Introduced at the 1989 Frankfurt Motor Show, the original BMW 8 Series remained largely unchanged during its ten-year production run. Internally coded E31, the 8 Series served as the Roundel’s flagship, showcasing BMW’s idea of the ultimate in personal luxury transport and its answer to the Mercedes-Benz S-Class Coupe.
It was an innovative vehicle, too. The BMW 850i was the first V-12 production vehicle to feature a six-speed manual and drive-by-wire electronic throttle control. The 8 Series also introduced the use of a CAN (Controller Area Network) bus computer network in an automobile, where a series of microcontroller nodes are networked to function without a central host computer—a precursor to OBD or On-Board Diagnostics. And like the E32 7 Series it’s loosely based on, it was one of the first cars to feature electronic stability and traction control.
Here’s a look at the four flavors of the E31 that were produced over the years, in order of introduction to the U.S.:
1990-1994 850i/850Ci: The M70 Era
Production of the 850i commenced in 1989 for the 1990 model year. It was powered by the M70B50 5.0-liter V-12. First introduced for the 1987 750i, the naturally aspirated engine produced 296 hp and 330 lb-ft of torque. A six-speed manual was standard, with a ZF-sourced four-speed automatic offered as an option.
BMW changed its nomenclature for 1993, adding a C to designate that the model was a coupe. As a result, the 850i became the 850Ci. 1993 was also the only year when the U.S.-spec variants of the 850Ci were offered with the manual.
The M70-powered 850 was the most popular variant of the E31, with 20,072 produced between 1989 and 1994 (2/3 of the E31’s total run of 30,621 cars, including 18 830i prototypes). 4,194 of these cars—about 21% of the total—made it to North America, according to 8coupe.com.
1994-1997 840Ci: The V-8-powered Eight
BMW introduced the 840Ci in 1993 and launched it in the U.S. for the 1994 model year. Initially, power came from the 4.0-liter version of the new-for-1992 M60 V-8, the automaker’s first eight-cylinder since 1965 and its second ever. This M60B40 engine was good for 282 hp and 295 lb-ft of torque, giving up little ground to the M70 V-12. A five-speed automatic was the only transmission offered in the U.S., while European models were offered with a manual.
The M60B40 made way for the M62B44 in 1995 for the 1996 model year. The new 4.4-liter V-8 engine made the same 292 hp as the mill it replaced, though torque increased slightly, to 310 lb-ft.
BMW built 4,728 M60-powered 840s and 3,075 M62-powered examples for a total of 7,803 V-8-powered E31s. 2,450 of these made their way to North America—1,649 cars with the 4.0-liter engine and 801 cars with the newer 4.4-liter V-8.
1994-1995 850CSi: Almost an M8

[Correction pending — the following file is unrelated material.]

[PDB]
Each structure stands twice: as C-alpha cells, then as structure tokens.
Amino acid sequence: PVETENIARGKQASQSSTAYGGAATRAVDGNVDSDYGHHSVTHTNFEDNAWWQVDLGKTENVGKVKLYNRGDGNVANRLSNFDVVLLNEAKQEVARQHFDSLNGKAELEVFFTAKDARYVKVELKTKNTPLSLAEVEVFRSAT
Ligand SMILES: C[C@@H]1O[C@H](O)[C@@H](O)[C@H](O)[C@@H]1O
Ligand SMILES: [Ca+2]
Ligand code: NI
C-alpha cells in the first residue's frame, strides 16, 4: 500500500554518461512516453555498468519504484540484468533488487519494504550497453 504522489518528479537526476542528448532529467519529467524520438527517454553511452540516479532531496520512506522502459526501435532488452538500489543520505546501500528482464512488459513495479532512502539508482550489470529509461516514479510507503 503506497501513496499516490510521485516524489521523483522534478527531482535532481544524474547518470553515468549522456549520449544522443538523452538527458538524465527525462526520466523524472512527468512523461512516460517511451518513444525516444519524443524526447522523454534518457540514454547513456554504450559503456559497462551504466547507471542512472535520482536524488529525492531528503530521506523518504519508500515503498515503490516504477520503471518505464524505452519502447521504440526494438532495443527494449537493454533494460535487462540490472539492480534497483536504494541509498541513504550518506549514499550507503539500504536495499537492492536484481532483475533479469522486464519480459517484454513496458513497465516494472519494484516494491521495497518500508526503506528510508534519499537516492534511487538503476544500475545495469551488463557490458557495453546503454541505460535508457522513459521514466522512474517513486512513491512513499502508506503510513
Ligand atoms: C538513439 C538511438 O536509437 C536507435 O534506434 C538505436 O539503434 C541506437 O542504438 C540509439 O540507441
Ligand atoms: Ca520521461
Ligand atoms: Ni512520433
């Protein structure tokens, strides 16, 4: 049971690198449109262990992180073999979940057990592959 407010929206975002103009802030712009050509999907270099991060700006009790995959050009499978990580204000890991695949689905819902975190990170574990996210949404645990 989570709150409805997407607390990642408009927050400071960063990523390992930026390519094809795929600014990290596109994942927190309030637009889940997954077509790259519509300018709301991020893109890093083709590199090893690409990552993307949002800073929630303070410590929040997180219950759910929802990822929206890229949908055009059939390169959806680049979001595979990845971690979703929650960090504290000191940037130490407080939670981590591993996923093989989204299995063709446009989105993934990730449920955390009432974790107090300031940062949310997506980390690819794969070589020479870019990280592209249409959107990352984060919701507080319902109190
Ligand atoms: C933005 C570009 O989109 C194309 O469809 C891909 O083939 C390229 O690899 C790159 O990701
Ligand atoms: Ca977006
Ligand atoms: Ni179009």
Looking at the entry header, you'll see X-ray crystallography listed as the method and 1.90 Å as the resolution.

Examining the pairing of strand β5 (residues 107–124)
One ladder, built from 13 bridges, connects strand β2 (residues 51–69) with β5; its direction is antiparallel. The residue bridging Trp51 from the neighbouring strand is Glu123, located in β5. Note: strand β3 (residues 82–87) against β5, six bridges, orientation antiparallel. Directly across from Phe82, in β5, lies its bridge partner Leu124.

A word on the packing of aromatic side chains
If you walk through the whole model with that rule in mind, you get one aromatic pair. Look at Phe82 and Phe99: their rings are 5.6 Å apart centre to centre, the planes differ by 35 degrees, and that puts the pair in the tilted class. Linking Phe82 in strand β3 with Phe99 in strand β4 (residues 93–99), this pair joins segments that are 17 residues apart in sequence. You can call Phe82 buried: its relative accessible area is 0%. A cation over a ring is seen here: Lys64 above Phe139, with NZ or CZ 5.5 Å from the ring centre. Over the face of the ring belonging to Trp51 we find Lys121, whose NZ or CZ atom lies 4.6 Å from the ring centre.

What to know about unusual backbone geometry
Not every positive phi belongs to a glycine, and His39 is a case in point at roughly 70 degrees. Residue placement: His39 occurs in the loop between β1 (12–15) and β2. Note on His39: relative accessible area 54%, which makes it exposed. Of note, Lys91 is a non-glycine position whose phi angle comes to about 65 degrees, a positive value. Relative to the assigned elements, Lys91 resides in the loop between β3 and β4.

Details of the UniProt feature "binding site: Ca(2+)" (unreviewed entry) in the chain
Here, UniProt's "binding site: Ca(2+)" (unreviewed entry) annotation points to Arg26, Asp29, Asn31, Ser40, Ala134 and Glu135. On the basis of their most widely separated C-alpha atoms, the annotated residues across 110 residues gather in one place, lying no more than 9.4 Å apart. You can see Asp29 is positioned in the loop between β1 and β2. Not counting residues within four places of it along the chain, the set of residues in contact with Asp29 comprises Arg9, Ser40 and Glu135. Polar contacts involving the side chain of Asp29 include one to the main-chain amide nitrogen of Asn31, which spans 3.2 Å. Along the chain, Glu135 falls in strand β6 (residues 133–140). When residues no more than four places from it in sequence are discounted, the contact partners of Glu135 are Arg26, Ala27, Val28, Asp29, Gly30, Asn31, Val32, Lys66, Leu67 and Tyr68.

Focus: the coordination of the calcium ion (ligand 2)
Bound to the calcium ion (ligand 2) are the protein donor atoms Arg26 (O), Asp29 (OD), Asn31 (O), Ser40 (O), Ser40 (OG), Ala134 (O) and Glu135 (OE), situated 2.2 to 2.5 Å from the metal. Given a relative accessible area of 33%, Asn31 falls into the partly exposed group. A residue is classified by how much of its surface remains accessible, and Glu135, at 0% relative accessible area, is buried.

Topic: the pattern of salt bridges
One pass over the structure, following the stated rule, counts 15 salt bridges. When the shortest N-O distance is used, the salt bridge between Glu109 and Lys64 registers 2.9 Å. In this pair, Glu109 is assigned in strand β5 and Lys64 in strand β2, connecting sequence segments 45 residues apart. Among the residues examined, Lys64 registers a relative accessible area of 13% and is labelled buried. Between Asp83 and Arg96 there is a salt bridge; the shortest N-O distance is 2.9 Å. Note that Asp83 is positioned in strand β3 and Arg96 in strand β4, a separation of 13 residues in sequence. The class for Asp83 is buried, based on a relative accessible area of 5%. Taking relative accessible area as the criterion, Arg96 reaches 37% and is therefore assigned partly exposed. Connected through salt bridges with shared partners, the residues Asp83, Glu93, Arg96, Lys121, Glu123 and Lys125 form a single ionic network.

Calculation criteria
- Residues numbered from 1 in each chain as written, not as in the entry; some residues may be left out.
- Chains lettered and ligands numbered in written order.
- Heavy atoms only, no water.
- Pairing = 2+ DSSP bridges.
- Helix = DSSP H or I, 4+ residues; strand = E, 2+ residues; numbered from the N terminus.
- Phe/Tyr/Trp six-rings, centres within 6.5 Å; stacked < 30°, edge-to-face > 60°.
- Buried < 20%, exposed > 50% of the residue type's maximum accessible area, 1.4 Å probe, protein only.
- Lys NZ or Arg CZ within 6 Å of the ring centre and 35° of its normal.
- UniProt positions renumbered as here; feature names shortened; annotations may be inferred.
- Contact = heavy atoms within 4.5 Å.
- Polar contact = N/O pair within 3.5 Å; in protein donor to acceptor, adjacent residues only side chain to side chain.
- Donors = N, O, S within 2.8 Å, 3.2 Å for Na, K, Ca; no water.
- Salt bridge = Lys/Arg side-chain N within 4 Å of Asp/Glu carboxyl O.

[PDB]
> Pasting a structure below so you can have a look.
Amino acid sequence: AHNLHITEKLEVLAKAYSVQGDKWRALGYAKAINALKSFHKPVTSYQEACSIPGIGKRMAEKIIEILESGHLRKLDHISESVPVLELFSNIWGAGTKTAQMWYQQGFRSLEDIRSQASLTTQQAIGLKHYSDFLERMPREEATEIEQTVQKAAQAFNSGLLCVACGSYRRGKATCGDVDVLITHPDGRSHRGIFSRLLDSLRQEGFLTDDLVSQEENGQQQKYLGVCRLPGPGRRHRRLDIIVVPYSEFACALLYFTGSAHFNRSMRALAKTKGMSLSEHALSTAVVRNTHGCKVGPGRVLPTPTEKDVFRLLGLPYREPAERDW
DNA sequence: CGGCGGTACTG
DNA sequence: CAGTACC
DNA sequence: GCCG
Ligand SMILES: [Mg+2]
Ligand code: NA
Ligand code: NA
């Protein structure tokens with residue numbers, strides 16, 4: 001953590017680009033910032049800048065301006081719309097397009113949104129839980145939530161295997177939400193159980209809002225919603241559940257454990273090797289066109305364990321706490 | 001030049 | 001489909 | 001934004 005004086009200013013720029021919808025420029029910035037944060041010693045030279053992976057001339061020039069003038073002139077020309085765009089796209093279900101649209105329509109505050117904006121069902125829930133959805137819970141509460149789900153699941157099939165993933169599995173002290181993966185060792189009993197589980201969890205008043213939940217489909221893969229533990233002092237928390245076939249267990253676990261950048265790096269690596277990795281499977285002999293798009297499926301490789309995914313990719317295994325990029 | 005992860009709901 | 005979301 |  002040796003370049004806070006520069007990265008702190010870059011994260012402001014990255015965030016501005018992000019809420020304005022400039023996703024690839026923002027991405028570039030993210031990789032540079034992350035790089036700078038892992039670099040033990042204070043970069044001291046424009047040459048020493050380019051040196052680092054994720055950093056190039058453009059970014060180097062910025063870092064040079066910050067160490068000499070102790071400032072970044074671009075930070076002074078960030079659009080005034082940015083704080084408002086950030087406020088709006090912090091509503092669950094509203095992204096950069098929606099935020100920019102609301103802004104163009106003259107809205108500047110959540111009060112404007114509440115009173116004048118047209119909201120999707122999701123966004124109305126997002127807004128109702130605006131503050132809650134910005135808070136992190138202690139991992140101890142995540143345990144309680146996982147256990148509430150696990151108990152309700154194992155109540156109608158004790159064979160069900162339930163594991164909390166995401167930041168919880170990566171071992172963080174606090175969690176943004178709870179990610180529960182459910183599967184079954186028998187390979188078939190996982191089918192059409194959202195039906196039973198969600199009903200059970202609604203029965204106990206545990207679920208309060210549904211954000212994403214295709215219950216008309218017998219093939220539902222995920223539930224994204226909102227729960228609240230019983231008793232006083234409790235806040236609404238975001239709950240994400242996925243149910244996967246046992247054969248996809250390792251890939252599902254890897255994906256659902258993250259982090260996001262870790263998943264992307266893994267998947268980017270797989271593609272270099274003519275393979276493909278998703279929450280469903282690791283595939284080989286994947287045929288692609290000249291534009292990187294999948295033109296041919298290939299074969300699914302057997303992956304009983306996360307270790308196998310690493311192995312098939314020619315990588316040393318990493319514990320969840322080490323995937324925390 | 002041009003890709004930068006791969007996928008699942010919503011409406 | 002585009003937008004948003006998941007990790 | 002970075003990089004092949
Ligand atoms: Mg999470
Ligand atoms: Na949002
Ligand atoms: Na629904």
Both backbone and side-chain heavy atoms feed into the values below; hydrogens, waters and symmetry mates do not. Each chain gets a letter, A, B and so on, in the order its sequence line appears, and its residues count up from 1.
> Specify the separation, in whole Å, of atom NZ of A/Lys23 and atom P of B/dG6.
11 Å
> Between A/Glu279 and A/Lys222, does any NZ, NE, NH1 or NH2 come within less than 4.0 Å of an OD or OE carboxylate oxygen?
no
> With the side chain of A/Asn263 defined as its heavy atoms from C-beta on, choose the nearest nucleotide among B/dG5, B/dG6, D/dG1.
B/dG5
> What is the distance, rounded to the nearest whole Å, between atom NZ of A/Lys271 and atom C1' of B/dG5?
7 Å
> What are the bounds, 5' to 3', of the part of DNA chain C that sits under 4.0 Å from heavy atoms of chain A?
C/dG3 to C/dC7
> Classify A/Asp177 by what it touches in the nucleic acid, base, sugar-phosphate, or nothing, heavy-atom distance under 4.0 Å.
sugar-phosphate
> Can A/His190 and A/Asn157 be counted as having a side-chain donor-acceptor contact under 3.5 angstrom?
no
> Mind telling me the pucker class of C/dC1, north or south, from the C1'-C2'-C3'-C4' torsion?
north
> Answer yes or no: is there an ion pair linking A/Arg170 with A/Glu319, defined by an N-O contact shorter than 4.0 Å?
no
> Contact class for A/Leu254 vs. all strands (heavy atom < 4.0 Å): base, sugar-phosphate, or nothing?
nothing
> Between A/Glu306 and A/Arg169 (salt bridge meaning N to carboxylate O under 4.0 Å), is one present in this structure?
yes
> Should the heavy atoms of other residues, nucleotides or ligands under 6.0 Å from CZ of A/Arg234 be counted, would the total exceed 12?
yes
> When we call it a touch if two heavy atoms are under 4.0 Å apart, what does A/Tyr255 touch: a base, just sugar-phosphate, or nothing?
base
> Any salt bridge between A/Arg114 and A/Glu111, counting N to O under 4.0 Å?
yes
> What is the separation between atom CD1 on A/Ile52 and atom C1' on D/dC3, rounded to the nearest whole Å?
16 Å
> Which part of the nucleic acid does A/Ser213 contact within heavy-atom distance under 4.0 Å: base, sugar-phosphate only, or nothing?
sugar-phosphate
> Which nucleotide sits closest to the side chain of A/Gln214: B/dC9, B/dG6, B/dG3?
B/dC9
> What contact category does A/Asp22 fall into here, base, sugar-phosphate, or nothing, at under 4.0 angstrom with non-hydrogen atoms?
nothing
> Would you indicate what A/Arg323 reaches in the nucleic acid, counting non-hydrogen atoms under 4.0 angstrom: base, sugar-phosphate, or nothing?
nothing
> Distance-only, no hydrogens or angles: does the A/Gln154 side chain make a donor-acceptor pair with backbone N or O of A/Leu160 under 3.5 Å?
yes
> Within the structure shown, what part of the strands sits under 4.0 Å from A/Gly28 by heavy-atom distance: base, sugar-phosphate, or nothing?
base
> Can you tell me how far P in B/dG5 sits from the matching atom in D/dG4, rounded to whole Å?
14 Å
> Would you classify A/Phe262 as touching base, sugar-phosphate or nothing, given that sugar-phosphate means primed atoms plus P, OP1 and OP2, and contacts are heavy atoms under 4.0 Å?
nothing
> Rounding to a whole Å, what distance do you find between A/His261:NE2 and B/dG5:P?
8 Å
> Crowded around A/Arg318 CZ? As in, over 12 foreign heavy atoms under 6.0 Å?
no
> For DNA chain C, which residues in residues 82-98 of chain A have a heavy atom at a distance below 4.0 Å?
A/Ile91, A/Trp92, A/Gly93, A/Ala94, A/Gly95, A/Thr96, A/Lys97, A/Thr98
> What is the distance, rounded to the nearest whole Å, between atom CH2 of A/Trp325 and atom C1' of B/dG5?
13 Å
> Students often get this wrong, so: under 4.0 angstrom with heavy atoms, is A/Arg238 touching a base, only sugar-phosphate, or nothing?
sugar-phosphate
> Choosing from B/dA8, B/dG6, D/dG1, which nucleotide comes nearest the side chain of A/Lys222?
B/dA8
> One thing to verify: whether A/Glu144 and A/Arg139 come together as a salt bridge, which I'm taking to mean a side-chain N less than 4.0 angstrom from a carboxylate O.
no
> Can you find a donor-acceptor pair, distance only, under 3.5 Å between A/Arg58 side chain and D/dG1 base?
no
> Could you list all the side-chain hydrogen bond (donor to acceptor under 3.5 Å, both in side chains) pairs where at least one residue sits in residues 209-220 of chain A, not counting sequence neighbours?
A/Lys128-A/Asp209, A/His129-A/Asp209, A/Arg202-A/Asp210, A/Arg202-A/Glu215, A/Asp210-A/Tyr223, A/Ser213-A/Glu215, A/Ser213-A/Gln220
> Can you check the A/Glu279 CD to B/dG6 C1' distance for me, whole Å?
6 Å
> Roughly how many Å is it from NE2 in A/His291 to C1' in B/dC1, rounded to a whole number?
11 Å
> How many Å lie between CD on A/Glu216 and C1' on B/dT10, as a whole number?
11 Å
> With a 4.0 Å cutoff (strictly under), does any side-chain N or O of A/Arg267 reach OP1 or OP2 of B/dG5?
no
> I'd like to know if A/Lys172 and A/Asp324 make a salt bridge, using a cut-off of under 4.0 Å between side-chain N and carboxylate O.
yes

Introduced to the world in 1992, The 850CSi was the flagship of the flagship. Although not marketed and labeled as an official BMW Motorsport product and as an “M8,” it was the closest thing to one (one-off prototype notwithstanding).
BMW Motorsport bored and stroked the 850’s V-12 to 5.6-liters, and fitted its variant, code-named S70B56, with a forged crankshaft, lighter pistons, more aggressive camshaft profiles, and a freer flowing exhaust and intake. The result was a total of 375 horsepower and 420 pound-feet of torque.
A six-speed manual was the only transmission offered. European models received active hydraulic four-wheel steering for its introductory year, called AHK or Aktive Hinterachskinematik (Active Rear Axle Kinematics), the presence of which is one way to separate U.S.-market originals from grey-market imports.
1,510 850CSis were made in all, with only 225 imported to North America during its two years on the market, with production ending entirely in 1996. The desirable engine and limited run means these command the highest values on the second-hand market.
1995-1997 850Ci: The M73 Arrives
A name change in 1993 has served as the source of some confusion, with some believing that the arrival of the 850Ci coincided with the arrival of the 5.4-liter M73B54 V-12. In reality, the 1993 and 1994 850Ci retained the original 5.0-liter engine.
The M73 arrived in 1994 for the 1995 model year, at least in the U.S., packing 322 hp and 360 lb-ft of torque. With it arrived a new five-speed automatic—but what didn’t arrive was an increase in sales. A mere 1,218 M73-powered E31s were produced, with just 363 making their way to North America. As was the case with the 840i, North American sales stopped after the 1997 model year.
If you’re in the market…
It’s fairly easy to find an 840Ci or 850i/Ci on the used market, but the relatively affordable cost of entry doesn’t speak at all for the running costs. The 8 Series is a premium luxury grand tourer and its market positioning is reflected in the price you’ll pay to keep it on the road.
Be particularly wary of neglected models as repairs can add up very quickly, especially given that the earliest cars are starting to push 30. Fortunately, the 8 Series community is quite active, so parts are readily available, as is information about maintenance and repair needs.